3. Raise $8,000. I am currently saving money for a study abroad program to Salzburg in the summer, and I’m also saving to stay in college debt-free. Because of this, I’m trying to raise some money by teaching, hosting murder mystery parties, and the like.


What are your 2018 goals? I would love to hear about them in the comments!


The 12 Days of Christmas (Straight No Chaser) – Anne’s Earworms Episode 29

29 Nov 17
Anne Russell
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My dad introduced this song to me several years ago. I love it because it’s clever and unpredictable, but still pleasant to hear. I love A Capella groups, and this adds in an element of fun to a classic holiday song. Enjoy!

The live version:


The non-live version:

On Making Cards

25 Nov 17
Anne Russell
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David had an awesome habit of writing me sweet notes. He would recruit my mom to help him actually write the words

This week is my first week off from school (yay!), so I decided to go through a large box of papers that has been growing for years. I expected to just get rid of old school papers and laugh at all of the things I thought I would still need in 10 years. I was completely surprised.

Since I was old enough to keep papers, I kept many cards that people gave me. Some are for Birthdays, some are get-well cards or thank-you cards, and some are just-thinking-about-you notes. At the time, I kept them because I wanted to have a lot of papers and be mature, but now I’m realize just how valuable these cards are to me.

Some of the cards are from people that I haven’t seen in several

A thank you card from my French teacher. Not surprisingly, this one is in French.

years; some are from people that I see every day. But even the ones from people I may never see again are encouraging to me. My teacher wrote me a thank-you card in French for a plant that I got her at the end of the year. I haven’t seen her since I stopped taking French (3 years ago), but the card reminded me that I could do crazy things, like learn French, and reminded me of my desire to travel to new places.

The cards from my family help me to appreciate them more. My brother David used to write me sweet notes all of the time just to be sweet, and reading them again reminds me to love my siblings every day, not just on special occasions or when I feel like it.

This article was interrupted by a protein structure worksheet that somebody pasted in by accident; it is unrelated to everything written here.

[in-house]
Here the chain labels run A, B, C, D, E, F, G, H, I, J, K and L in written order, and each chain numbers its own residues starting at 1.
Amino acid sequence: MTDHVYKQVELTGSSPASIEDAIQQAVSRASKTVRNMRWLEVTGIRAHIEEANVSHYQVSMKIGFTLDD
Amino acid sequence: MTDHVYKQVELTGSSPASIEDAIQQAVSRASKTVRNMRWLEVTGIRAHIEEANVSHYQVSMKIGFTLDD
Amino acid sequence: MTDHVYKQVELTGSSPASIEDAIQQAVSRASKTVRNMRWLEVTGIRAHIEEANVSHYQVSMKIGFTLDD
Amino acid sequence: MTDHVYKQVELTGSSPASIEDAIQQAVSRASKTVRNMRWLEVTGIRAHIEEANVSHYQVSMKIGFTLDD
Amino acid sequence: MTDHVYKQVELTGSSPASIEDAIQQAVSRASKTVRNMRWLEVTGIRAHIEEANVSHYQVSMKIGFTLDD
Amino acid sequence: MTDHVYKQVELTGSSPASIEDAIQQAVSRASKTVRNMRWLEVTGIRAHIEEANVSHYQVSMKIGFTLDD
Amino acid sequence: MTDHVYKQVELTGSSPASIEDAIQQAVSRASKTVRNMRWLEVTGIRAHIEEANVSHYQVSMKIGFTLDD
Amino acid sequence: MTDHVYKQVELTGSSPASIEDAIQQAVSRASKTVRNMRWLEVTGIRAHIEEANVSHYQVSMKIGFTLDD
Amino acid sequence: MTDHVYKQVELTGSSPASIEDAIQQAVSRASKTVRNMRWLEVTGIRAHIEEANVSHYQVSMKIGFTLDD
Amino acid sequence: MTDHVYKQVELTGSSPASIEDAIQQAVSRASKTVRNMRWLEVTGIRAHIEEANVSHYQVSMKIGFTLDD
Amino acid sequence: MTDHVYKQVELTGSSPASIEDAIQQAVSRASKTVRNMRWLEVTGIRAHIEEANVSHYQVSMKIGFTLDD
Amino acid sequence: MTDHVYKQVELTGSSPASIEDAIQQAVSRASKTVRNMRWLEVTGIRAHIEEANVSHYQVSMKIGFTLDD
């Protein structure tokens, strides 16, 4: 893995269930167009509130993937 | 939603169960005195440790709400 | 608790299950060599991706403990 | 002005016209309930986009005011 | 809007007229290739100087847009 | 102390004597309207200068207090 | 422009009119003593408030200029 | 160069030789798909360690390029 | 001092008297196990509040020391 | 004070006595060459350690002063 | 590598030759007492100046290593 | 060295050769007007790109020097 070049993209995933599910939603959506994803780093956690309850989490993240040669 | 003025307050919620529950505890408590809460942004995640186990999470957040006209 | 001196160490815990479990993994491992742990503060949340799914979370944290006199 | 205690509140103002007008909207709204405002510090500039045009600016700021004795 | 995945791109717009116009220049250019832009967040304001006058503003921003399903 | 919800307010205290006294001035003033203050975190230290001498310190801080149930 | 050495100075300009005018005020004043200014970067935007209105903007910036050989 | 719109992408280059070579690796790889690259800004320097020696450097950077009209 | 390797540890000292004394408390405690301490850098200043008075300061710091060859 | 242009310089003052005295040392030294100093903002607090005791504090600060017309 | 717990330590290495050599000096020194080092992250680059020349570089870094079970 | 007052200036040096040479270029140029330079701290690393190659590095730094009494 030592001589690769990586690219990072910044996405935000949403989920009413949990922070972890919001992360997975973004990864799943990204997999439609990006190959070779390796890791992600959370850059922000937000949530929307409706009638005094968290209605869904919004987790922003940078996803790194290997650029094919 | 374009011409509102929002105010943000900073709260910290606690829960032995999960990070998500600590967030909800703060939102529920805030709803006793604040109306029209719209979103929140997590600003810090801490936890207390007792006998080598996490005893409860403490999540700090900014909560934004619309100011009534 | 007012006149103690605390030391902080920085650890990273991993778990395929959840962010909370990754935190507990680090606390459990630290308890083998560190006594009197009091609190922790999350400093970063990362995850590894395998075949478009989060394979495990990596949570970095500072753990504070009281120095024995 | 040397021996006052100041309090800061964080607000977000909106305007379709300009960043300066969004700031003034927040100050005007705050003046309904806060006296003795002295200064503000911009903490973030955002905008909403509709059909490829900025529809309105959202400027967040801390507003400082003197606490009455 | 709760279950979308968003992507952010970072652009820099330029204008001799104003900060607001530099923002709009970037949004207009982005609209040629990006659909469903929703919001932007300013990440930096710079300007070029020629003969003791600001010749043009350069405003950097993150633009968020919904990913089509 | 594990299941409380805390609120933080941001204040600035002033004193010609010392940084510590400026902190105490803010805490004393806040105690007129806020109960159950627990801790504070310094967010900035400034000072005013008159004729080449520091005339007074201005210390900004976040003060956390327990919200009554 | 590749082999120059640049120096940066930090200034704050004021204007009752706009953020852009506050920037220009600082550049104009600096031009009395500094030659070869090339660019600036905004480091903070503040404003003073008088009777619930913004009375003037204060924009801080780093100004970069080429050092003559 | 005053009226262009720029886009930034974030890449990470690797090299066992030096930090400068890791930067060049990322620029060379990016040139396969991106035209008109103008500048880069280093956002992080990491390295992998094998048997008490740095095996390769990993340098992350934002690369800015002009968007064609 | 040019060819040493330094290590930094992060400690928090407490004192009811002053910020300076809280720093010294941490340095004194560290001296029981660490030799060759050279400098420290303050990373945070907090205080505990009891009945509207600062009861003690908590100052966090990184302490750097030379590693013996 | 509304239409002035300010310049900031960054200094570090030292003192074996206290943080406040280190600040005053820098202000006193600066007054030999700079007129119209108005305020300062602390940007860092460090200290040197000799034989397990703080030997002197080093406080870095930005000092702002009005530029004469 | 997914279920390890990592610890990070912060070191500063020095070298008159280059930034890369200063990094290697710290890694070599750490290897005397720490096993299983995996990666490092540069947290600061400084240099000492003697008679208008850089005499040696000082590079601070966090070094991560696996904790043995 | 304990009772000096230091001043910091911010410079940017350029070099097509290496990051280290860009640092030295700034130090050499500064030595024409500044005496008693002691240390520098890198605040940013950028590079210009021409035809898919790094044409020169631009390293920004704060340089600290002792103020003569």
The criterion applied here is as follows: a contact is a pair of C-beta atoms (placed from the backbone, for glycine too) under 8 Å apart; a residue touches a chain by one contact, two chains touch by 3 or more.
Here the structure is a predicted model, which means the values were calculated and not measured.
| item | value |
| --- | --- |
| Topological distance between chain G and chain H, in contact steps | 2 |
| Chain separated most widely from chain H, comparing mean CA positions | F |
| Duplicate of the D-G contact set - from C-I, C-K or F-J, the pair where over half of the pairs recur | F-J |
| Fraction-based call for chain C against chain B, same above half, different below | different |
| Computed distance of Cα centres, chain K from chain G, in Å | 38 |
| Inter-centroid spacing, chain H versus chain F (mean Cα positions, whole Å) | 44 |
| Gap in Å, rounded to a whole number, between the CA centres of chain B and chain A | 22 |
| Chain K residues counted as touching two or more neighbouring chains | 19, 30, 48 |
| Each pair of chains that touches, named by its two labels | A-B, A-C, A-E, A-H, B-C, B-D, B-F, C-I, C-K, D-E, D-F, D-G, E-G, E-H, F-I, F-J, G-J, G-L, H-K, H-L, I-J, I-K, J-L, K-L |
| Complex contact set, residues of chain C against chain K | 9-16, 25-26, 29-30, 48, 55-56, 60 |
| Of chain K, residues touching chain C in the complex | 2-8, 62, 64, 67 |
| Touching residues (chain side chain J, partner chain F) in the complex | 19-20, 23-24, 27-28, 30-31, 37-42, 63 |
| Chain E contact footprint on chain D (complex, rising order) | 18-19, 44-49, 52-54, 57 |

Finding these cards encouraged me to write cards intentionally. They don’t just represent days that people are obligated to write cards. They represent relationships, people who care enough to take time out of their lives to encourage someone else. They are wonderful on the day you receive them, but can also be treasured years down the road.

Our family did a “Regency Week.” We all tried to speak in authentic Regency era speech, and this was a note from my sister in that style.

An encouragement from a mentor on my 16th Birthday

If you’re a card-writer, be encouraged. You might have even more impact than you realize. If you’re not, now would be a good time to start.










Se Tu M’ami – Anne’s Earworms Episode 28

04 Oct 17
Anne Russell

This Italian art song is one of my voice songs for this semester, and my favorite so far. I usually listen to the version by Cecilia Bartoli and Gyorgy Fischer.

“Se Tu M’ami” (“If You Love Me,” in English) is unrequited love from the other side. The singer is being pursued by a shepherd, and she likes him and finds his favor wonderful. She is sorry for his suffering over her, but she doesn’t think that he’s her only option. It’s clever and emotional, and I like listening to the music in another language. Enjoy!



My Fall Break List

02 Oct 17
Anne Russell
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This week is my fall break. I’m looking forward to enjoying some out of the ordinary activities, but I don’t want to let break fly by without accomplishing anything or getting proper rest. I often end up frustrated because I’m either not doing enough or I’m doing to much. So this break, I’m planning out what I’m going to do more than I have in the past. I’ve organized the things I want to do into three categories:

  1. Family time. This one is super important. Even though I live at home, it’s hard to balance time with family with school, teaching, homework, music, and church. For this category, I’m trying to have some one-on-one time with each of my family members this week.